Crane: The BRCA 1 and 2 mutations gave way to the discovery of other breast cancer genes. Some drugs were then designed specifically for people with those genetic mutations.
Olopade: Now we’re not talking about one size fits all, you know, everybody go get your mammogram; we’re talking about individualizing risk assessment, that we’re talking about personalizing treatment for breast cancer patients. And so, it really has implications for molecular diagnostics, for a lot of things.
Crane: Dr. Olopade has been especially interested in risk factors for women of African origin. She led a study of women in her native Nigeria that showed 73 percent of women with breast cancer had aggressive tumors characterized by the BRCA mutations. That type of cancer does not respond to the hormone therapy that is often used as first-line treatment in the West. Women of Ashkenazi Jewish origin are prone to the same type of cancer. Dr. Olopade says discovering these common threads has prompted a more global approach to cancer research.
Olopade: We began to ask ancestry instead of black white. We went back to Africa, we learned a lot about some of the reasons why young women get breast cancer. And we learned about things that we totally did not expect and which the Africans had not been able to study because they didn’t have the technology. And by bringing that to the United States we opened up a whole new area of research, for everybody.
Crane: Dr. Olopade says more international research projects should address the development of new therapies.
Olopade: Because after all we are all an immigrant population, right. And so a number of things that we have to think about in the different countries in fact or in our country may originate in different countries.
Crane: And Dr. Olopade emphasizes that cancer genetics could benefit people everywhere.
Olopade: It’s leading to greater therapeutic discovery. It’s leading to people feeling empowered to do something with their risk instead of feeling paralyzed by it. And we’ve learned that we have to touch on a lot of different things in order to get there. But it’s been rewarding to see how far we’ve come, and what I hope we would do is that we don’t rest on our laurels, but get out there and make these advances accessible to people all over the world.
Crane: Dr. Olopade is director of the Cancer Risk Clinic at the University of Chicago, where she evaluates risk factors and designs individualized prevention plans. She recently spoke at the National Cancer Institute’s Cancer Prevention Fellowship Research Program. This is Kristine Crane at the National Institutes of Health, Bethesda, Maryland.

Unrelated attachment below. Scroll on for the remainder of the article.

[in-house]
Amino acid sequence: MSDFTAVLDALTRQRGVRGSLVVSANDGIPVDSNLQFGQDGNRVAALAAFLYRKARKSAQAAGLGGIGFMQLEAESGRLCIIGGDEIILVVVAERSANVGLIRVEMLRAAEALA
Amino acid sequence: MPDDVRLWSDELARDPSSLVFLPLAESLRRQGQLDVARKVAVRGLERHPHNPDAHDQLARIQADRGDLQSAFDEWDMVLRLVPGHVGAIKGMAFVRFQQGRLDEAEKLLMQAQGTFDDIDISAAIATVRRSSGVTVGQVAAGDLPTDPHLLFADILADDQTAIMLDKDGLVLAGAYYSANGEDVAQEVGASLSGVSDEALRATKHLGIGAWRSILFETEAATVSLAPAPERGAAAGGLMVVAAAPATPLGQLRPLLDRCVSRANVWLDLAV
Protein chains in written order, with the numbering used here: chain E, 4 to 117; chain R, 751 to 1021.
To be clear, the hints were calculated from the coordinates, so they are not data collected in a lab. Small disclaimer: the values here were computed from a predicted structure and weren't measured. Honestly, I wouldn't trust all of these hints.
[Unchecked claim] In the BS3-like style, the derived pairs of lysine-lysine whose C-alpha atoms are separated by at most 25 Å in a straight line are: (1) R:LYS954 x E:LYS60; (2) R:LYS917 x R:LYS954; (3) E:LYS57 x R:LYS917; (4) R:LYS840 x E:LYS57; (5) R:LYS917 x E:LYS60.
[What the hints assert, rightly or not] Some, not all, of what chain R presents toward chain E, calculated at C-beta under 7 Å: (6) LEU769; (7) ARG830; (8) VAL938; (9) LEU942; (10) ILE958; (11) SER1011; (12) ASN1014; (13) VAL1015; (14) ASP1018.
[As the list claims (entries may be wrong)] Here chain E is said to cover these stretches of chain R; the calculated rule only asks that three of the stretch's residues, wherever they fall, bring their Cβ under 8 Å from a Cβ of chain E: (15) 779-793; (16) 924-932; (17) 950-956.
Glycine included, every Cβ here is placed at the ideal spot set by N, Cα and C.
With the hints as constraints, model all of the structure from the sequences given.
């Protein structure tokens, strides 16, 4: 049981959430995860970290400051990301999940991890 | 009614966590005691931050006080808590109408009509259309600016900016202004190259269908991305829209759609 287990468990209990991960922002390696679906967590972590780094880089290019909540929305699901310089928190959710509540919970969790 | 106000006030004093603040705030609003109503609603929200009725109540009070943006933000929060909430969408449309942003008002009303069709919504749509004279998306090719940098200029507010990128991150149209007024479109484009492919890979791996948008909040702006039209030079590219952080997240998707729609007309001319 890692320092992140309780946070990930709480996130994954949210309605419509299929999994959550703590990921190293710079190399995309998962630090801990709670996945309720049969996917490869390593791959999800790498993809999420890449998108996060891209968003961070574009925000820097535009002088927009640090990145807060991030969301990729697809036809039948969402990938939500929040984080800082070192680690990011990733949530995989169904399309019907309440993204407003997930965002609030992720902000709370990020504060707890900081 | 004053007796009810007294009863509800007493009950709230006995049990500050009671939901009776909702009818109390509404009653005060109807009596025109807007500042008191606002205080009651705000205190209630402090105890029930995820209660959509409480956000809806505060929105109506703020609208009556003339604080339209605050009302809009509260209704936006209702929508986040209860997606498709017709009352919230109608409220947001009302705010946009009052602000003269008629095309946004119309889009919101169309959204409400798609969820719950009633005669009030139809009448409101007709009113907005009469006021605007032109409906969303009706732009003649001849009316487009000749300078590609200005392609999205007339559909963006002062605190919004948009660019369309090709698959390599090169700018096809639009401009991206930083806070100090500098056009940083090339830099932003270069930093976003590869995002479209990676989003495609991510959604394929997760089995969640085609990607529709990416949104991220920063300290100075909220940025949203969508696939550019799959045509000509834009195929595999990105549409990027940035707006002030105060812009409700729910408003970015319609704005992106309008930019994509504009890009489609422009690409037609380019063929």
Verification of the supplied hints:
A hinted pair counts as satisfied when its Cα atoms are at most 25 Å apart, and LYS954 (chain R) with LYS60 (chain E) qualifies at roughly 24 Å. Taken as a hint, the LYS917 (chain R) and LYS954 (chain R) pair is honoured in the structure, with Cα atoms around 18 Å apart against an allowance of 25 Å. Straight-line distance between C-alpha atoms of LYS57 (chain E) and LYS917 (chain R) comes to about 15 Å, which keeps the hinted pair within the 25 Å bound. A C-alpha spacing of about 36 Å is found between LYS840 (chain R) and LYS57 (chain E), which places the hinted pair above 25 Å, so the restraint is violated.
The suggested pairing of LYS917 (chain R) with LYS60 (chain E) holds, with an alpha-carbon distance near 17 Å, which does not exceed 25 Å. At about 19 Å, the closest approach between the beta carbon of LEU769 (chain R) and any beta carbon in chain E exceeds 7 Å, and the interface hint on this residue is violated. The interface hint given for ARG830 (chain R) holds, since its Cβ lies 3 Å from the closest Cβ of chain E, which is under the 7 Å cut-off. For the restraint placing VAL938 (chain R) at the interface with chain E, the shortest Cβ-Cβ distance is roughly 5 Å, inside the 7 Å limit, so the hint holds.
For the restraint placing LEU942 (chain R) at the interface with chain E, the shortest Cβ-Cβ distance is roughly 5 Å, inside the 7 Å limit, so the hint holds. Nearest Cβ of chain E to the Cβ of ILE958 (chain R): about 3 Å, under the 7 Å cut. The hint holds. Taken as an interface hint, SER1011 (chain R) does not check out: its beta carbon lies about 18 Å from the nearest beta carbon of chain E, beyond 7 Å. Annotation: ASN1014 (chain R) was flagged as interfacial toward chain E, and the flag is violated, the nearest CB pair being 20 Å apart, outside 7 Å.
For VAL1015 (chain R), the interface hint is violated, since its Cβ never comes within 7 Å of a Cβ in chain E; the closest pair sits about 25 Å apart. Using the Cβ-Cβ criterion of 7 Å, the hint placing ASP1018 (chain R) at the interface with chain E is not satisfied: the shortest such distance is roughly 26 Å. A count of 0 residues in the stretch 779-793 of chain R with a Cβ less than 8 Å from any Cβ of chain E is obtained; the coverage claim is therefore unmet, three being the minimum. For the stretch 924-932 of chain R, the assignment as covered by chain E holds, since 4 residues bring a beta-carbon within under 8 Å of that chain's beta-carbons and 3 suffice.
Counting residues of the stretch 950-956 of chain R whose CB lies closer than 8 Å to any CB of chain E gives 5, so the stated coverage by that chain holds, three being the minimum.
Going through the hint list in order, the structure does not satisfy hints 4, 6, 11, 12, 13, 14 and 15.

Much Touted "Depression Risk Gene" May Not Add to Risk After All
Balintfy: While the genetics of breast cancer is showing promise, progress in genetics research in general is not always smooth. A range of factors led to the wide acclaim of a 2003 study suggesting a possible gene-environment interaction contributing to depression risk. This study had far-reaching influence on the field, including proposals by some researchers to market a gene test to the public, claiming to be able to predict a person’s risk for depression. However, despite considerable resources being invested in research building upon the 2003 study, attempts to replicate its findings—which is a key step in the scientific process—has had inconsistent results. Wally Akinso is back with this report on how a “depression risk gene” may not add to depression risk after all.
Akinso: A certain gene long thought to increase a person’s risk for major depression actually may have no effect according to a study funded by the National Institute of Mental Health. NIMH senior investigator Dr. Kathleen Merikangas, says the study, published in a recent issue of the Journal of the American Medical Association, challenges a widely accepted approach to studying risk factors for depression.
Merikangas: When we put together the gene, serotonin gene, with stressful life events we did not find that people who had this particular gene were at increase risk for depression in the presents of life events.
Akinso: Serotonin is one of several chemical messengers in the brain, which help brains cells communicate with one another. Among, other functions, serotonin is involved with regulating mood. In the study, which included re-analyzing data on 14,250 participants in 14 studies, the presumed high-risk version of the serotonin transporter gene did not show a relationship to increased risk for major depression, alone or in interaction with stressful life events. Dr. Merikangas explains that researchers are still in the early stages of understanding how genes and environment interact to increase the risk for depression.
Merikangas: When we're trying to study the effective genes on complex human disorders such as depression that it's not going to be easy to simplify the way that we conceive of environmental exposure and these genes and producing these disorders then it's unlikely that there’s going to be one single gene that is going to either elevate or protect against certain disorders in the presents of environmental exposures. We need to understand more about both the genetic architecture of complex diseases as well as how environmental factors are related to the risk of particular diseases.